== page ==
In fact, it is not an exaggeration to say that it was Prof. Hardy who discovered Ramanujan for the world. Professor Hardy rated various geniuses on a scale of 100. While most of the mathematicians got a rating of around 30 with rare exceptions reaching to 60, Ramanujan got a rating of 100. There cannot be any better tribute to either Ramanujan or to Indian heritage. Thus, our past is replete with example of our not being able to recognize our wealth. I am narrating these instances to you so that the teachers, educational institutions, employers, and the societal organizations become sensitive to the strengths of people with special abilities and provide them an opportunity to lead a normal life not through sympathy but through empowerment.

Recently, when I addressed the school children in Delhi, they asked me that why there is no reservation for mentally challenged children. From the examples which I described I consider there is a merit in the observation made by the boy. I would consider that there is a need to examine the feasibility of providing certain reservations for certain types of mentally challenged children also so that they can be deployed on certain jobs which they can perform efficiently. Today I met a girl Aditi Dubey who is hearing impaired and had participated in the roller skating marathon competition and successfully skated between Delhi to Jaipur distance 256 kilo meters. She was the youngest among the 21 participants. She is doing all her activities beautifully. It shows that how a person can defeat the impairment and succeed.

In this connection, I appreciate the action taken by Sakthi Masala, Erode (Tamil Nadu), who are employing physically challenged persons for many of their production activities. Thirty-two per cent of its employees were physically challenged and they are also rehabilitating mentally challenged persons. I would request the other corporate and government establishments to emulate this model. Now I would like to talk about rehabilitation of visually challenged people.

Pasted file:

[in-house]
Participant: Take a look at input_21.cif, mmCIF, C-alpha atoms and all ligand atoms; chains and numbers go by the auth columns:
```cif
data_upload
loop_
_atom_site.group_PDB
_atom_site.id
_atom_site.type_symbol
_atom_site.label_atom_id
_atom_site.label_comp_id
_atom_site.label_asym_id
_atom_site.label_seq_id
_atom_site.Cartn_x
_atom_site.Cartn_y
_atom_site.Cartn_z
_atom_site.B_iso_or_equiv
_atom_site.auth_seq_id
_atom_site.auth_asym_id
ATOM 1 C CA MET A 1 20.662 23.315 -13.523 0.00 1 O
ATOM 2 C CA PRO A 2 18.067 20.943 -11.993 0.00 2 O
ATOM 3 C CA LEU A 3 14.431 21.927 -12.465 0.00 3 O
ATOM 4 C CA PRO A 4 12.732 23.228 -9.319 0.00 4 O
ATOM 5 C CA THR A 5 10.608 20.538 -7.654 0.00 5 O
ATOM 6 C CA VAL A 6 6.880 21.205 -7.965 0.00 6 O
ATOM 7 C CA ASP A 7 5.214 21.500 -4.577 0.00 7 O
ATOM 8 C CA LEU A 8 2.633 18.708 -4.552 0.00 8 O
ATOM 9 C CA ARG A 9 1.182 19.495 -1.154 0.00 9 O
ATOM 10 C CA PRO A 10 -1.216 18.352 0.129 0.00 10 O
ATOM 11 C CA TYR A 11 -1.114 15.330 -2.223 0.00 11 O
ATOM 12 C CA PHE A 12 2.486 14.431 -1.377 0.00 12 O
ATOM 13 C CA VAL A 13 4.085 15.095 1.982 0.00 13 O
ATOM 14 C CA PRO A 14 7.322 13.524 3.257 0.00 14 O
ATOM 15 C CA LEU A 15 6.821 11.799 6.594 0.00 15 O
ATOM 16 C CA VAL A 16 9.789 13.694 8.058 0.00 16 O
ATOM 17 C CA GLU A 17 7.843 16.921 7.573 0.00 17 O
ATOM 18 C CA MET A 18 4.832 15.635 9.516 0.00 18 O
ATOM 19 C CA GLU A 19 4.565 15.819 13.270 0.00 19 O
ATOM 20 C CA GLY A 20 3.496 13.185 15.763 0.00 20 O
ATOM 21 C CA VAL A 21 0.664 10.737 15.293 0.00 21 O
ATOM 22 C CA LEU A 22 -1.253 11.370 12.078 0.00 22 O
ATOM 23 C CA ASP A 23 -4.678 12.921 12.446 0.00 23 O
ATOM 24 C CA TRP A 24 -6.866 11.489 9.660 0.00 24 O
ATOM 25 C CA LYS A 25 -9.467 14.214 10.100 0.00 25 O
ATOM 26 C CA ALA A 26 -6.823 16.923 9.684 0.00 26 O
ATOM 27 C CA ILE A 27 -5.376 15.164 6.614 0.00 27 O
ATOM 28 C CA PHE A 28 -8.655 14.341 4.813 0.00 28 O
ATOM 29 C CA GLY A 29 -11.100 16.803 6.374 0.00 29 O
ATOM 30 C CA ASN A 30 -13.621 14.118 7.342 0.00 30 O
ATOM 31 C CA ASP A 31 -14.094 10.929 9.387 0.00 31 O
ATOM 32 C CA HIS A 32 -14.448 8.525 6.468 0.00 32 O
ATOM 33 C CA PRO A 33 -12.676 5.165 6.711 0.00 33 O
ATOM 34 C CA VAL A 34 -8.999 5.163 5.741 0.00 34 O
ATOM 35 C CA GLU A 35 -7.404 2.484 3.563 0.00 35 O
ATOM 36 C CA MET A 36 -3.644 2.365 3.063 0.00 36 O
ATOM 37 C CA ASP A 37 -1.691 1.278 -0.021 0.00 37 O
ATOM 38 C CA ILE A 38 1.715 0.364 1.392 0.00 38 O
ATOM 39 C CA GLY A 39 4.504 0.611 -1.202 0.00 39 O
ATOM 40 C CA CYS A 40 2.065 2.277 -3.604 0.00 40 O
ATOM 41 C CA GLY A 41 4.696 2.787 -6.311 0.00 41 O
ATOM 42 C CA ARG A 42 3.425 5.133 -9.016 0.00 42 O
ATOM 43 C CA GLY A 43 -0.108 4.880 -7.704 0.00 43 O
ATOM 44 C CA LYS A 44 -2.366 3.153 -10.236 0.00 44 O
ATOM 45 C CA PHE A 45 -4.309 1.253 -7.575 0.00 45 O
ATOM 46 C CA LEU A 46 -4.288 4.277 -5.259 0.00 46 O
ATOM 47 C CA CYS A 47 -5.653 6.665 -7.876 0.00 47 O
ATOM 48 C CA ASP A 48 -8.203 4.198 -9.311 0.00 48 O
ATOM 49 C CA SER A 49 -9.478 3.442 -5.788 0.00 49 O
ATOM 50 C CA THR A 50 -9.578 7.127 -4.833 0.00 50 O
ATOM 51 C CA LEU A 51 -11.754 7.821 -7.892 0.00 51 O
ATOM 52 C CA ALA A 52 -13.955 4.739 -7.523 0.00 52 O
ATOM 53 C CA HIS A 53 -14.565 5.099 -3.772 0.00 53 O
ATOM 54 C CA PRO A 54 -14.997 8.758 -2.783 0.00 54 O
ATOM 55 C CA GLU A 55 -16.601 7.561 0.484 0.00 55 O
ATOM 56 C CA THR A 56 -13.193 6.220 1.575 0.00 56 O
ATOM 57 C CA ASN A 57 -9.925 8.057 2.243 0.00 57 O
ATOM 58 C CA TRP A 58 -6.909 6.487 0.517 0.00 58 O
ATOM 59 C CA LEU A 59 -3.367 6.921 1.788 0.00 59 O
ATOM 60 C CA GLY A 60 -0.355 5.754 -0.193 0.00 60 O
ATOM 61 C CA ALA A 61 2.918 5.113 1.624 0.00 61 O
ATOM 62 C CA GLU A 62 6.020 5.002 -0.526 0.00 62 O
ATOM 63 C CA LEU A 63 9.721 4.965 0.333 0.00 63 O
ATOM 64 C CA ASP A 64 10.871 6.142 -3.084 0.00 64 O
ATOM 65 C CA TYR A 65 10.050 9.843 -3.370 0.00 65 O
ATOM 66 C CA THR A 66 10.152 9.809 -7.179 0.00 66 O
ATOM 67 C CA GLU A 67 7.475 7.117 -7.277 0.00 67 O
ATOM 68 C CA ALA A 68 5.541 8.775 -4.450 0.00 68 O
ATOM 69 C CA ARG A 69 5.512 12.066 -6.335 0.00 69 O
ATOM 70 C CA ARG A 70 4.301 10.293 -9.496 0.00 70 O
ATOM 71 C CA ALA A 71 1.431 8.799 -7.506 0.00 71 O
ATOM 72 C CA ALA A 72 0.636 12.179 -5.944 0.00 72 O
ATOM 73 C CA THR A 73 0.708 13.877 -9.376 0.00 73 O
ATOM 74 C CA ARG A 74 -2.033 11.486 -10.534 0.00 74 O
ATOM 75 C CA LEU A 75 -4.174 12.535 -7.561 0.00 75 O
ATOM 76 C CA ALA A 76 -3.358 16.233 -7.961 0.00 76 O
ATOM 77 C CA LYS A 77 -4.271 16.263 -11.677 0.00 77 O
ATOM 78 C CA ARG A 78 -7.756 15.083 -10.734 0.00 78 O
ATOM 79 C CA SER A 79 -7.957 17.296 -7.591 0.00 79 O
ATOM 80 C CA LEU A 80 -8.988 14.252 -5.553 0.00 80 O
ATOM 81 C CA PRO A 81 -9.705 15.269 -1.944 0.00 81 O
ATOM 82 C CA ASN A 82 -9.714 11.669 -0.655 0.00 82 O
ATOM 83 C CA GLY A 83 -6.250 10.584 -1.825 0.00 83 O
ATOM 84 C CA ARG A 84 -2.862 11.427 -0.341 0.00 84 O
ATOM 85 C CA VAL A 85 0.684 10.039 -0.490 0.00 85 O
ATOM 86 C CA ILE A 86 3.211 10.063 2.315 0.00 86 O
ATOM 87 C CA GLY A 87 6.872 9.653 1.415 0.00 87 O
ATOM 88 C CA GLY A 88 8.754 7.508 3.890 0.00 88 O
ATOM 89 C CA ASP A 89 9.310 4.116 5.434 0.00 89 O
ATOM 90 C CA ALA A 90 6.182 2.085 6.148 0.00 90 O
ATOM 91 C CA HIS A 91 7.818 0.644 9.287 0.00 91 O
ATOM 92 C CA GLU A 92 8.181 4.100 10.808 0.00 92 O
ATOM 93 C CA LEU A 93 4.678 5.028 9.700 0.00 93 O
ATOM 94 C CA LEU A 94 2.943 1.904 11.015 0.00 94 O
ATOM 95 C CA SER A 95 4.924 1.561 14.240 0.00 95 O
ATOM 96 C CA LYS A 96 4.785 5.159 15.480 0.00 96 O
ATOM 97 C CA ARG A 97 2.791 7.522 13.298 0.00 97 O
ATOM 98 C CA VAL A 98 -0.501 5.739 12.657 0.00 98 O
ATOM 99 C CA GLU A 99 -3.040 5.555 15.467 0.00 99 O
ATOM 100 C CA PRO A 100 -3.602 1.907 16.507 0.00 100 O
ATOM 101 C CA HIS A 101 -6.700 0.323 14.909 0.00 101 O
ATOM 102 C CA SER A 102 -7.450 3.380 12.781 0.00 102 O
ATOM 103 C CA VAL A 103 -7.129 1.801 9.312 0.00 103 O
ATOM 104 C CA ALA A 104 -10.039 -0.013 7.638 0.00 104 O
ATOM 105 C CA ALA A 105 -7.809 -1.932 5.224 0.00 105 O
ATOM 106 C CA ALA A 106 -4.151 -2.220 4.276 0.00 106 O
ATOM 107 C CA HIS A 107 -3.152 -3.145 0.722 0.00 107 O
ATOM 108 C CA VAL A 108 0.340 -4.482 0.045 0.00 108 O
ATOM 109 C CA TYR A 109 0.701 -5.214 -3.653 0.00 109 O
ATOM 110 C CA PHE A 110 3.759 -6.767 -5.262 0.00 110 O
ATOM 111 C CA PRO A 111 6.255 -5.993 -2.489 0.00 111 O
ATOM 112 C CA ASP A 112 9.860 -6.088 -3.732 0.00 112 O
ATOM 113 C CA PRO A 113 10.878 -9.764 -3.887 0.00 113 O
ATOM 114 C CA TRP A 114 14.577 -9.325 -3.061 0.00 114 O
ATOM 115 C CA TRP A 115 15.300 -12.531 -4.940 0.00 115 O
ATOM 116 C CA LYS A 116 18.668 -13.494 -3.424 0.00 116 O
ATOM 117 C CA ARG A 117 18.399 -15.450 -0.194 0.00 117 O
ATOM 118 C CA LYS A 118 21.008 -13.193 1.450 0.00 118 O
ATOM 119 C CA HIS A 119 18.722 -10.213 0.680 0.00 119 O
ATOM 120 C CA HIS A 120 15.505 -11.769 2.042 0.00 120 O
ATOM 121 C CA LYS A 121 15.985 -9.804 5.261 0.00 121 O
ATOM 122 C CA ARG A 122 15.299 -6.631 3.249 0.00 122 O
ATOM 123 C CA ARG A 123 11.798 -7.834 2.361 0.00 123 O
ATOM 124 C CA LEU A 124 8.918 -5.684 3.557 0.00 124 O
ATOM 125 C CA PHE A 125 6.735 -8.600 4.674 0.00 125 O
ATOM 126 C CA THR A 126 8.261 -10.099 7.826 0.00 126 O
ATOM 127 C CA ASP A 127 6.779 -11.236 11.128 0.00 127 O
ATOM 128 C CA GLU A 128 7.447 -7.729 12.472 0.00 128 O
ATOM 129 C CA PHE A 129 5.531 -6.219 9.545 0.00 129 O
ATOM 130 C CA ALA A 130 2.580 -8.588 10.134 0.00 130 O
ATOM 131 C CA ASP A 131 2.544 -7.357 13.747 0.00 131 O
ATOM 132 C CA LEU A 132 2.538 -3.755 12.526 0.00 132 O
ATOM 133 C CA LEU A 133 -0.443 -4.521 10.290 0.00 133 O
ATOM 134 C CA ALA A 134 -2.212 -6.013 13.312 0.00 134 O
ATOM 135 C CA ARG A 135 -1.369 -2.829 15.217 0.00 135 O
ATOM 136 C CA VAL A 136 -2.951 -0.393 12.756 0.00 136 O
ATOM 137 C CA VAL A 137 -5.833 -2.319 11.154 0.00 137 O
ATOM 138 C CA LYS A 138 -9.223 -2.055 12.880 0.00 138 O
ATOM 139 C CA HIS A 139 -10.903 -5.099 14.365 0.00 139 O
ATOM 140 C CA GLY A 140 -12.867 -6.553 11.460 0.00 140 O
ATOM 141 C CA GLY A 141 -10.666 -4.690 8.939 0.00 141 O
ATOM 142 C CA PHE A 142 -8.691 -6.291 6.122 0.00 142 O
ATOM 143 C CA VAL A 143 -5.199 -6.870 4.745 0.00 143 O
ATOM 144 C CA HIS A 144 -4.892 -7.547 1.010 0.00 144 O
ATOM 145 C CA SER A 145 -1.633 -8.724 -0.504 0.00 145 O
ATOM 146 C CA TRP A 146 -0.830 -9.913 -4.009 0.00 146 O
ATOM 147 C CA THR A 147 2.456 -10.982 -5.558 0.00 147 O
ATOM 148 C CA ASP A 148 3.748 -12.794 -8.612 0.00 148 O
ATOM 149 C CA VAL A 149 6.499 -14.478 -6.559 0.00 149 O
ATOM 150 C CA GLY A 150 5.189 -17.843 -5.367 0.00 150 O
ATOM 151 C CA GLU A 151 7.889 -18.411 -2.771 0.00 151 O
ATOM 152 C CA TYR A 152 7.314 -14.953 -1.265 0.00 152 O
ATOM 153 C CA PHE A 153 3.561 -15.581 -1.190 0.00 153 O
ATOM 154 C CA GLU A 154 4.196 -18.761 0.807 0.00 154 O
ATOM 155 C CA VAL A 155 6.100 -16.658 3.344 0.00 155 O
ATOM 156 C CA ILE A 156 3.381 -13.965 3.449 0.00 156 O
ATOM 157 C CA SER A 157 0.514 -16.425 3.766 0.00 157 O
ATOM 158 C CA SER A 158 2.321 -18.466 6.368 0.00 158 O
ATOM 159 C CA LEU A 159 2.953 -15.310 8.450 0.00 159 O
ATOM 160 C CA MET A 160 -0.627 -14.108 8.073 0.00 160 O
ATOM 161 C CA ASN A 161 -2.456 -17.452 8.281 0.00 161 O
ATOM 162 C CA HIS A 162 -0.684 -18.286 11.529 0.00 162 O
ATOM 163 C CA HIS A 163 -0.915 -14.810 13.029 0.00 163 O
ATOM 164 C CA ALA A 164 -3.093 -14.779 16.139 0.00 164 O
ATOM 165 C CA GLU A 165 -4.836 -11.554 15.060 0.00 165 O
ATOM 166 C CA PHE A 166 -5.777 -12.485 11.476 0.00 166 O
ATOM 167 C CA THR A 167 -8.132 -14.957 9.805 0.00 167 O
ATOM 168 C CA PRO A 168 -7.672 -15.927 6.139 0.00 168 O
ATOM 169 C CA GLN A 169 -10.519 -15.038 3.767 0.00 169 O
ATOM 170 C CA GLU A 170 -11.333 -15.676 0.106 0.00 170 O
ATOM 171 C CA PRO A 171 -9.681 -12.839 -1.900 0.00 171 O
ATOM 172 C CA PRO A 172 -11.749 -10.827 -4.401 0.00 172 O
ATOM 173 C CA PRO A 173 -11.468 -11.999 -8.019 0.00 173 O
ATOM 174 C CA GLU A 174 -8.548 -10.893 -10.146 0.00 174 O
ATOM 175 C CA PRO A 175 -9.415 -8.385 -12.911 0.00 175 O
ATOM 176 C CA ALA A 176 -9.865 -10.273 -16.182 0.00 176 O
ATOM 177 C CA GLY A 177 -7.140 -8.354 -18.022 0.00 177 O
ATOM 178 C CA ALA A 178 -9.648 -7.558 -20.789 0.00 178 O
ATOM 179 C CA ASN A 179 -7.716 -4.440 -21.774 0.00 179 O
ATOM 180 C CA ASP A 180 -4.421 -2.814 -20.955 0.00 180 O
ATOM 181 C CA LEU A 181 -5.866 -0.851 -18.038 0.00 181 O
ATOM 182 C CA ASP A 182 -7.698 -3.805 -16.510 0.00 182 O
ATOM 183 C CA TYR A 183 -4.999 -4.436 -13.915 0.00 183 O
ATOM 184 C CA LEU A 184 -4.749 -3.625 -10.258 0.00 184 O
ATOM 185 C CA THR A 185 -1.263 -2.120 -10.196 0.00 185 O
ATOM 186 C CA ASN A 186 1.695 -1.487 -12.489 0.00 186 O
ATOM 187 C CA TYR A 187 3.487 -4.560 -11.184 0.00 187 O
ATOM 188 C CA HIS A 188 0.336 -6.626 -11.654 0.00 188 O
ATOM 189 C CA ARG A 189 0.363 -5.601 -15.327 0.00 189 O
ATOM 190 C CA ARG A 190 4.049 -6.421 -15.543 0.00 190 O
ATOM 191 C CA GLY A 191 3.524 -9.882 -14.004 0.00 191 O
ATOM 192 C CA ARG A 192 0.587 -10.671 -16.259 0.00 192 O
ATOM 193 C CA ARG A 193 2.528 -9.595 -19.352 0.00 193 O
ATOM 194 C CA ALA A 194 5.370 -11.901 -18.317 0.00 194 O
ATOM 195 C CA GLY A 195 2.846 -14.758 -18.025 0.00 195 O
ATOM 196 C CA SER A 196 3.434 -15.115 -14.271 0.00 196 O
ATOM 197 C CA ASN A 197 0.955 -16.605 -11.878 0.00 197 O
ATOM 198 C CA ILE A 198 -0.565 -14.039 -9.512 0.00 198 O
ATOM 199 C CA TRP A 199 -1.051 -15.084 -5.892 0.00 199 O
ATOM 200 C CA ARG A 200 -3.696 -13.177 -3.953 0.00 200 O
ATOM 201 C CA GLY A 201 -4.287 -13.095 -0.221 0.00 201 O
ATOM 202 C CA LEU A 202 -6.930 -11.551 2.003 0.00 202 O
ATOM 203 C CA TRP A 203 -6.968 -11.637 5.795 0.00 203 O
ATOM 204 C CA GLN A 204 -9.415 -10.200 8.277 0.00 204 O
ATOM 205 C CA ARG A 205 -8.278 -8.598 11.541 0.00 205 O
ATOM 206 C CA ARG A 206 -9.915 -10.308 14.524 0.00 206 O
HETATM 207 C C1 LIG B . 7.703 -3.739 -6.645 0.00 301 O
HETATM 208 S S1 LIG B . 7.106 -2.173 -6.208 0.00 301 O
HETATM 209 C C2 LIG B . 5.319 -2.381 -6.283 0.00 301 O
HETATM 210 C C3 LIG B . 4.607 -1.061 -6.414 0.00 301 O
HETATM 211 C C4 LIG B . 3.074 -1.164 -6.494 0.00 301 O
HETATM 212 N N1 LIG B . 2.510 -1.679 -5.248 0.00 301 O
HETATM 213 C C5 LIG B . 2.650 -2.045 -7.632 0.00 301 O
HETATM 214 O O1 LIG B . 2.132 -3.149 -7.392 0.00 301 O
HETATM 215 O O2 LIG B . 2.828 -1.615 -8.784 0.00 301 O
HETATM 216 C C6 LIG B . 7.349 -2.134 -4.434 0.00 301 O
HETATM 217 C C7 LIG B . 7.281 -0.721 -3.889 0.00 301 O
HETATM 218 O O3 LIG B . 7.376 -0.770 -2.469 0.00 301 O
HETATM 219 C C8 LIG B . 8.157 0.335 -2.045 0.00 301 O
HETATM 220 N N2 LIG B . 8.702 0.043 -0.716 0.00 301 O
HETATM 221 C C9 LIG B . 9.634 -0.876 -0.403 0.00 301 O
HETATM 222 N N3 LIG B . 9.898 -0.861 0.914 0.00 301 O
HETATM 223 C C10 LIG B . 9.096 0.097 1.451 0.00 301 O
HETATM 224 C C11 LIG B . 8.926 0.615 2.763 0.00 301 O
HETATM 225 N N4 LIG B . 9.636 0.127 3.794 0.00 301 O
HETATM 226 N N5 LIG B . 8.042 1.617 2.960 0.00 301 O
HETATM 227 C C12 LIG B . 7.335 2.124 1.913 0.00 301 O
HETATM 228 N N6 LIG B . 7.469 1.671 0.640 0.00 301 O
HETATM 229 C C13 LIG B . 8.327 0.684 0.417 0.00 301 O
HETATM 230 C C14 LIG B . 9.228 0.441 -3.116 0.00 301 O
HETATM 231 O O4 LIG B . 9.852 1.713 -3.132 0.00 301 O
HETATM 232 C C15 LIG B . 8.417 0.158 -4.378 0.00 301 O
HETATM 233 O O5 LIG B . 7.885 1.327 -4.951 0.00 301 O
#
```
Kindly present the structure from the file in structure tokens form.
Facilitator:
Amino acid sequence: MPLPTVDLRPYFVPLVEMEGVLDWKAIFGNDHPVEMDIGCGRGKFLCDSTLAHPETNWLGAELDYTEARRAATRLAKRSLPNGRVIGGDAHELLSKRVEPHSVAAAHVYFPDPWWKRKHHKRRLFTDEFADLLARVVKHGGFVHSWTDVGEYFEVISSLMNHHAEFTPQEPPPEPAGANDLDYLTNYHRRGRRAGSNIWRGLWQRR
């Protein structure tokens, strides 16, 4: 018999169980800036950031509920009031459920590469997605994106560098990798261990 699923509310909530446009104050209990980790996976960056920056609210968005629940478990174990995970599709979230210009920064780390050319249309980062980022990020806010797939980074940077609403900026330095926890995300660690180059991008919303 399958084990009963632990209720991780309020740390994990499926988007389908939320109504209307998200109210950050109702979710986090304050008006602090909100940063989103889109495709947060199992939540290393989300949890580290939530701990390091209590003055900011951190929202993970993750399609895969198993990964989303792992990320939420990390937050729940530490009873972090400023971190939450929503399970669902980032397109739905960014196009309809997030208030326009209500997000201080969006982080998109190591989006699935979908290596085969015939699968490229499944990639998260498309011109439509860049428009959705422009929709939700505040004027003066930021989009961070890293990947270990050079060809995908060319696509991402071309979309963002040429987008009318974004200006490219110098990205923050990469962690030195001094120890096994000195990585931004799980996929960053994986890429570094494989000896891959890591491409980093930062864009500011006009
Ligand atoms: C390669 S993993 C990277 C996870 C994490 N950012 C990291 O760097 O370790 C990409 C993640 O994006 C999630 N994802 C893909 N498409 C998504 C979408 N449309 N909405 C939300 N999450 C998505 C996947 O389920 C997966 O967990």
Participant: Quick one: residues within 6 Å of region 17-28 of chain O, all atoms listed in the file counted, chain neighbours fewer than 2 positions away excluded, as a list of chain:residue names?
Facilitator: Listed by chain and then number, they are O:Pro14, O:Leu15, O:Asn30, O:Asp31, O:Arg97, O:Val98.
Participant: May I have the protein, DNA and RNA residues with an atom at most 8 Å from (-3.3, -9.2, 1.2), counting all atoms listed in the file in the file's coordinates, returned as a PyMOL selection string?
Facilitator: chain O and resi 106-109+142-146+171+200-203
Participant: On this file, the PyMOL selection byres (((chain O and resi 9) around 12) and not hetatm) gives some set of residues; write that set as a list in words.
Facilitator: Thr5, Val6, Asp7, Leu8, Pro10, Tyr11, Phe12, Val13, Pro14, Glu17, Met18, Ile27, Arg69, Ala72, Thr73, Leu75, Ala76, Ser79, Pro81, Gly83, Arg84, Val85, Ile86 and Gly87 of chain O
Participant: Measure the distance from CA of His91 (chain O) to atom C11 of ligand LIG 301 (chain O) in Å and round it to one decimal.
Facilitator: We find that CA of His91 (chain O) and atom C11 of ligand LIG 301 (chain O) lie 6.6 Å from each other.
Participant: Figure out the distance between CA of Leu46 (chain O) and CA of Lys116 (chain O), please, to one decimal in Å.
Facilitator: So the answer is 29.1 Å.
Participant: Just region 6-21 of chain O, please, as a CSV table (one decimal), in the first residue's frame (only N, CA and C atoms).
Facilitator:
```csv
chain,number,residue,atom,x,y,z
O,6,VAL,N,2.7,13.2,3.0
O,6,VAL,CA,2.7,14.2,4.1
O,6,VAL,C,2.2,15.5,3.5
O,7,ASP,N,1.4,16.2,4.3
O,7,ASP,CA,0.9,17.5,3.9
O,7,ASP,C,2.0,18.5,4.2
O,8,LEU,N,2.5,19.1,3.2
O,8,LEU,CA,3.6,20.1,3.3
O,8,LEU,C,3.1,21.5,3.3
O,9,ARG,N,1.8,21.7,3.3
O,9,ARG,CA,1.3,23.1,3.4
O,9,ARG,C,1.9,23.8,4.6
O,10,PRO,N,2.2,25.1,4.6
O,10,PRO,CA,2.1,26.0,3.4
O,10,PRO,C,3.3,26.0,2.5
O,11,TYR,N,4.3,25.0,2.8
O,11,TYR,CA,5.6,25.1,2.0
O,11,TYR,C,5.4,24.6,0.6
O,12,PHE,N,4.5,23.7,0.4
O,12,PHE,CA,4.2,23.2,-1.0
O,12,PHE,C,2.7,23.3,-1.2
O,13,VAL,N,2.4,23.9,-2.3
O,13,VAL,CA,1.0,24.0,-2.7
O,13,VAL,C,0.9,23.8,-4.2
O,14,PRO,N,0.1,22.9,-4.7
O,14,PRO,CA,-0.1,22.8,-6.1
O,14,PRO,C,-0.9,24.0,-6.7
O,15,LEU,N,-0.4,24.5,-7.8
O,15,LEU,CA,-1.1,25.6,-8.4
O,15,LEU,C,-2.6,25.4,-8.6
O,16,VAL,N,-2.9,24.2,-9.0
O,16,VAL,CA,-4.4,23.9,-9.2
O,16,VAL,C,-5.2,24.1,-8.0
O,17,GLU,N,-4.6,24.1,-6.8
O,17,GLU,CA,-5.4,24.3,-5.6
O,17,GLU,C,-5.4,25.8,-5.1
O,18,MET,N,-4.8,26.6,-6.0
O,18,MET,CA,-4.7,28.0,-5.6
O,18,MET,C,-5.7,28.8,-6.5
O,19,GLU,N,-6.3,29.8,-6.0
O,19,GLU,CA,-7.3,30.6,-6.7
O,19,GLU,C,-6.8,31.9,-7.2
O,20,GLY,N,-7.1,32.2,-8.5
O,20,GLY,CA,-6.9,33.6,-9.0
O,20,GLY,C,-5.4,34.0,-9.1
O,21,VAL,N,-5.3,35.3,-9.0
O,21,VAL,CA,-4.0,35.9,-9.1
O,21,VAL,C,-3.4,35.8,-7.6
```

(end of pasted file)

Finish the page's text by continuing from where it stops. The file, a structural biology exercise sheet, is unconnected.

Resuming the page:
Conquest of vision challenges through technology tools

Last year I had announced about the launching of the Speech Applet by 26th January 2005, during my participation of the awards ceremony for the people with special abilities in December 2004. I am happy to mention that the Speech Applet developed by my friends which provides a speech interface to my website for the visually disabled persons has been launched on 26 Jan 2005. It has been made available to all, through my website for download, so that it can be configured at their web servers to provide a speech interface for the visually challenged persons. It has been used by many institutions that are imparting training to the visually challenged persons for making the content available and accessible. It has also been used by visually challenged individuals. On an average there are 8000 hits on this site and around 4500 used the applet for reading the text. You can download the Virtual Vision software from

In addition, I would like to mention that Arushi, a NGO based in Bhopal has made Braille of the English version of Wings of Fire and Ignited Minds and they are giving to the blind schools at the cost price. Similarly, Shri Gandhi Kannadasan has made the Braille of the Tamil version of Wings of Fire and is supplying free to blind schools and social organizations. Arushi has also made the Braille of 140 exhibits of the Rashtrapati Bhavan Children’s Art Gallery in both English and in Hindi. We have made the Tactile Garden with Braille board to explain about the herbal plants and flowers. Over thousand children are visiting this garden every year.

As a next step, we are working with the R&D institutions to integrate the speech interface with the open source operating systems in English and other Indian languages. In order to make it available in a cost effective manner, we are working towards providing a speech interface through the indigenously developed handheld PC to visually challenged persons. These hardware, software integrated system can be called as Virtual Vision. The government agencies and various private organizations can take up this mission of development and production of Virtual Vision. Now I would like to talk about the problem of hearing impaired.
My Experience with Cochlear Implants